Then, in 2002, the documentary Shattered Dreams of Peace, The Road from Oslo aired, covering the Israeli-Palestinian negotiations of the summer of 2000. Beginning with the assassination of Israeli Prime Minister Yitzhak Rabin in 1995 and the subsequent breakdown of the peace process, this documentary was seen by the Peabody board as “a clear, compelling, frustrating yet hopeful exploration of the prospects for peace in the Middle East” according to its winner citation.

A year later, Frontline again won a Peabody, this time for a documentary which examined the injuries and deaths occurring inside factories in the United States. A Dangerous Business was a joint investigation Frontline conducted alongside the Canadian Broadcasting Corporation and The New York Times. The story centered on McWane, Inc., and the thousands of individuals who were seriously injured working for McWane. As its winner citation explains, the documentary resulted in the United States Justice Department and the Environmental Protection Agency announcing new workplace safety regulations and fining McWane, Inc., $196,000 for workplace violations.

Cheney’s Law brought home a Peabody Award for Frontline in 2007 for exploring Vice President Dick Cheney’s controversial and complicated relationship with President Bush, particularly in the wake of the September 11th attacks. Its winner citation commends Frontline for “even-handedly documenting the hard realities of an ongoing ideological clash over the extent of Presidential power” and highlights the “gripping recap of a now-legendary confrontation in a Washington hospital room” between White House counsel and Attorney General John Ashcroft over the constitutionality of a national surveillance program.

Frontline‘s next Peabody was awarded in 2009, for the documentary The Madoff Affair. As its citation explains, “Bernard L. Madoff and his colossal Ponzi scheme cost investors $65 billion and dominated the news for months” but it wasn’t until this documentary aired that the entire story was revealed. The fraud Madoff committed “lasted longer, reached wider, and cut deeper than any business scandal in history.”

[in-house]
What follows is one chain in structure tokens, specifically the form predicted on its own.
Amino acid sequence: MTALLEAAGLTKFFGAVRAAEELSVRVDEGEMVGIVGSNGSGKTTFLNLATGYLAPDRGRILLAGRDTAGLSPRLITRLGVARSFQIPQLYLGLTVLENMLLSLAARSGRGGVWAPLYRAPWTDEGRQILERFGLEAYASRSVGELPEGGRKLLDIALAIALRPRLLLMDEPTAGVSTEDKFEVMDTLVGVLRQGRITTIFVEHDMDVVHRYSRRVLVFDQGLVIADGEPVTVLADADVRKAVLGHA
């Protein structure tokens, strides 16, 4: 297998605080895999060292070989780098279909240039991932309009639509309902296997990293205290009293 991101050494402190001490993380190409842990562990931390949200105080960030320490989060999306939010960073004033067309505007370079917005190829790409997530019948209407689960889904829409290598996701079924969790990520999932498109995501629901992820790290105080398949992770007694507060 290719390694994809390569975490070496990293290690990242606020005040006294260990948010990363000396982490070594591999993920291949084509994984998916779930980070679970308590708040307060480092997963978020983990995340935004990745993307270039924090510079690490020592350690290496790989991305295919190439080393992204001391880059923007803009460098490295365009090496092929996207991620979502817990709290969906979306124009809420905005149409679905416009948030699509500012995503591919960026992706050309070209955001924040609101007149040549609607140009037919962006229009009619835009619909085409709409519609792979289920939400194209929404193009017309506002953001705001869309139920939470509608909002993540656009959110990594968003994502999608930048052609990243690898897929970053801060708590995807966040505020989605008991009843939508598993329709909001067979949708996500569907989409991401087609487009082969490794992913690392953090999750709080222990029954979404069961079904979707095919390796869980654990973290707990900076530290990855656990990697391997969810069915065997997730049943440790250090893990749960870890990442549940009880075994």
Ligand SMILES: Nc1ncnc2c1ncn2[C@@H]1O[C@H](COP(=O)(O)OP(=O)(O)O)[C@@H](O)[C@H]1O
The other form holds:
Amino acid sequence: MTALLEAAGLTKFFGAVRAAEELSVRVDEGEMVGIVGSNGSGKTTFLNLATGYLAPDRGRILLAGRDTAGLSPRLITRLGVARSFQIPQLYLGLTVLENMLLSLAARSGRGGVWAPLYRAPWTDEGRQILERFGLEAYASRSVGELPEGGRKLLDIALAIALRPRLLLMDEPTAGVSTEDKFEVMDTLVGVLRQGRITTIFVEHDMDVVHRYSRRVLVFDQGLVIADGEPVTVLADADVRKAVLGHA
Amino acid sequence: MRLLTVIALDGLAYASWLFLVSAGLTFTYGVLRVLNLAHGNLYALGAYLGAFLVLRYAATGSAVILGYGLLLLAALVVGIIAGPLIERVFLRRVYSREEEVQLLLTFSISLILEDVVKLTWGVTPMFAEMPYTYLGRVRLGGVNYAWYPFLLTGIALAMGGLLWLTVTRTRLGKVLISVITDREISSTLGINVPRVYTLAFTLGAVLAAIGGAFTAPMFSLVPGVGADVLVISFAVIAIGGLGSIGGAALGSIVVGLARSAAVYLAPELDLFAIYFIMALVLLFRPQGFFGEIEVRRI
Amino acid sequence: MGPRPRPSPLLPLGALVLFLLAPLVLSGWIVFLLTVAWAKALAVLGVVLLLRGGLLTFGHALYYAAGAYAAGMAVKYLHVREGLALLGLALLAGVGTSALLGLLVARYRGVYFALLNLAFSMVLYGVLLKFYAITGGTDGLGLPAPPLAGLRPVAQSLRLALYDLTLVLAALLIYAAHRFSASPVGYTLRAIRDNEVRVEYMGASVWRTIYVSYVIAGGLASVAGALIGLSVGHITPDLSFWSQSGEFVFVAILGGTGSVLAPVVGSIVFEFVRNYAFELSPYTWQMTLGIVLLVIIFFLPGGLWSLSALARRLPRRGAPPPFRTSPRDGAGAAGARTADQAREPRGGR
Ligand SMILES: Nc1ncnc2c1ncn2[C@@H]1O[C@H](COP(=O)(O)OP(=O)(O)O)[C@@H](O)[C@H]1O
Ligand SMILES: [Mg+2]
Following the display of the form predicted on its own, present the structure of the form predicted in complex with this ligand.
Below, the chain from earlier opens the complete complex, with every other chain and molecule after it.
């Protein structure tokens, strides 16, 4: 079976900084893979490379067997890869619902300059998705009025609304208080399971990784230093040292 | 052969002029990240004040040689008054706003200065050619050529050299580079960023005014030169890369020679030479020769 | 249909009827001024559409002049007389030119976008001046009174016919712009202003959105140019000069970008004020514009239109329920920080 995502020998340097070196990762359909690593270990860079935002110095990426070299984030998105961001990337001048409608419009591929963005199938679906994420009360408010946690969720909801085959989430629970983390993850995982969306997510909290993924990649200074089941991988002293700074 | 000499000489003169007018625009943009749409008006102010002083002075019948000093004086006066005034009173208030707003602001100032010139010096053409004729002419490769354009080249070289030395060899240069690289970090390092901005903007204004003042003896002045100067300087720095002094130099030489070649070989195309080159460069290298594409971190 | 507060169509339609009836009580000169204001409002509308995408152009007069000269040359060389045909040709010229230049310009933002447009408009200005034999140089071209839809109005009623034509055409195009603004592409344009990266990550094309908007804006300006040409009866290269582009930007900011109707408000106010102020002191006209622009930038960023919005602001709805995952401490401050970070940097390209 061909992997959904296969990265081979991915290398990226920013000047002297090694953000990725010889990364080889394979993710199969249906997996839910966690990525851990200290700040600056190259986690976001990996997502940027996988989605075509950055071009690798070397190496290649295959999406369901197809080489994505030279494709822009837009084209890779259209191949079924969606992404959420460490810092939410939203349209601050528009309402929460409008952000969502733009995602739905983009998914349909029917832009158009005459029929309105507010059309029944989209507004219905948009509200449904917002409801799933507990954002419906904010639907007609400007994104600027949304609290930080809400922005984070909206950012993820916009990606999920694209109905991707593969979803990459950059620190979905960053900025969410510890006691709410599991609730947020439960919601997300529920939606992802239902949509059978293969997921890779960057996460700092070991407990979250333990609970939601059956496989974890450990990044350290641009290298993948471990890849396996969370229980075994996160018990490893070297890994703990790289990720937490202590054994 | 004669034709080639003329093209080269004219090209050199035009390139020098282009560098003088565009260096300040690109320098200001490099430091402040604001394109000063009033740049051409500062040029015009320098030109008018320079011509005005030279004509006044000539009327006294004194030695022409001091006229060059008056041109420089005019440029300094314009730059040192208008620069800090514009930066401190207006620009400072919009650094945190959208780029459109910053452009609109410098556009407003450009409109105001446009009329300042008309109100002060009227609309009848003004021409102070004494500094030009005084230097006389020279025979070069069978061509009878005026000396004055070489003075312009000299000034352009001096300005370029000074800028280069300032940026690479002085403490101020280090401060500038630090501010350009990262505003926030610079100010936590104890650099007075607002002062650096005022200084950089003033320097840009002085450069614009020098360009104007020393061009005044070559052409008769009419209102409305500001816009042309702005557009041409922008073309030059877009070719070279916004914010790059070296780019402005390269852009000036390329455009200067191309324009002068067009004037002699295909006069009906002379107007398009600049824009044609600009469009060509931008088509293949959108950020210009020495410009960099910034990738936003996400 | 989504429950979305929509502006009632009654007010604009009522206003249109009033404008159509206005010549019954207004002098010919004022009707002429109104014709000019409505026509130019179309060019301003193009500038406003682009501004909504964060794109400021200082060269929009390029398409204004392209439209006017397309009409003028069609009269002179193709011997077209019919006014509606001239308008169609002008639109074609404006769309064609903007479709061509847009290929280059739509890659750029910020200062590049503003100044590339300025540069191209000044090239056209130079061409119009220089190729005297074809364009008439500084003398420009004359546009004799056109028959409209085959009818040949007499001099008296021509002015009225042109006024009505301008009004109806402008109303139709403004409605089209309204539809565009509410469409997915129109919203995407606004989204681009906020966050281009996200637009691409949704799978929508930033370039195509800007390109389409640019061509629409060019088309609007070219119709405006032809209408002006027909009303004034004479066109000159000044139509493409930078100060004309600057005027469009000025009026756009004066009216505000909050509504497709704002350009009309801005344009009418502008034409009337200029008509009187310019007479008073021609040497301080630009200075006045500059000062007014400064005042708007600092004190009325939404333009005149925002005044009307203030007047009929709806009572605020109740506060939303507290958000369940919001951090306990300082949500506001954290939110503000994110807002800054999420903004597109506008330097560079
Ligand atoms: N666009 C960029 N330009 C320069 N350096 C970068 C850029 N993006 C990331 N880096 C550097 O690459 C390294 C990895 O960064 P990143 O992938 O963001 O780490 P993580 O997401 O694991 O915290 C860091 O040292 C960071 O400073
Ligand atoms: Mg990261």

The very next year, Frontline again won a Peabody Award, this time for “illuminating and documenting the hidden costs of our ongoing wars abroad” in the words of the Peabody board. The Wounded Platoon, broadcast in 2010, examined a single platoon out of Fort Carson, Colorado, as a case study to discuss the dramatic and life-changing experiences of soldiers across the country returning from war. Exploring lives of veterans returning from war with post-traumatic stress, this documentary shed light on the experiences of decorated veterans incarcerated for crimes, struggling with depression, and lacking sufficient psychiatric help.

Most recently, Frontline accepted a 2013 Peabody Award for League of Denial: The NFL’s Concussion Crisis, based on the book League of Denial: The NFL, Concussions, and the Battle for Truth by Mark Fainaru-Wada and Steve Fainaru. The documentary charts the impact of the chronic brain disease Chronic Traumatic Encephalopathy on NFL’s players. But it moves beyond purely medical reporting to uncover intentional efforts by the NFL to repress findings and discredit researchers who sought to raise the alarm about the dangers of football. As the Peabody board wrote in its winner citation, “viewers may feel a bit uneasy with the implications of their own fandom for what is increasingly understood as a very unsafe sport.”

From its very first 1983 season, Frontline has brought insightful, well-documented, and culturally significant stories to the television screen. Since 1995, Frontline has also been bringing additional relevant materials to the Internet, creating resource pages and teaching guides for each of the documentaries it has aired. While there have been a great number of changes to the show itself since it first aired, Frontline has never lost its ability to showcase human struggle for, and engender empathy within, its audience.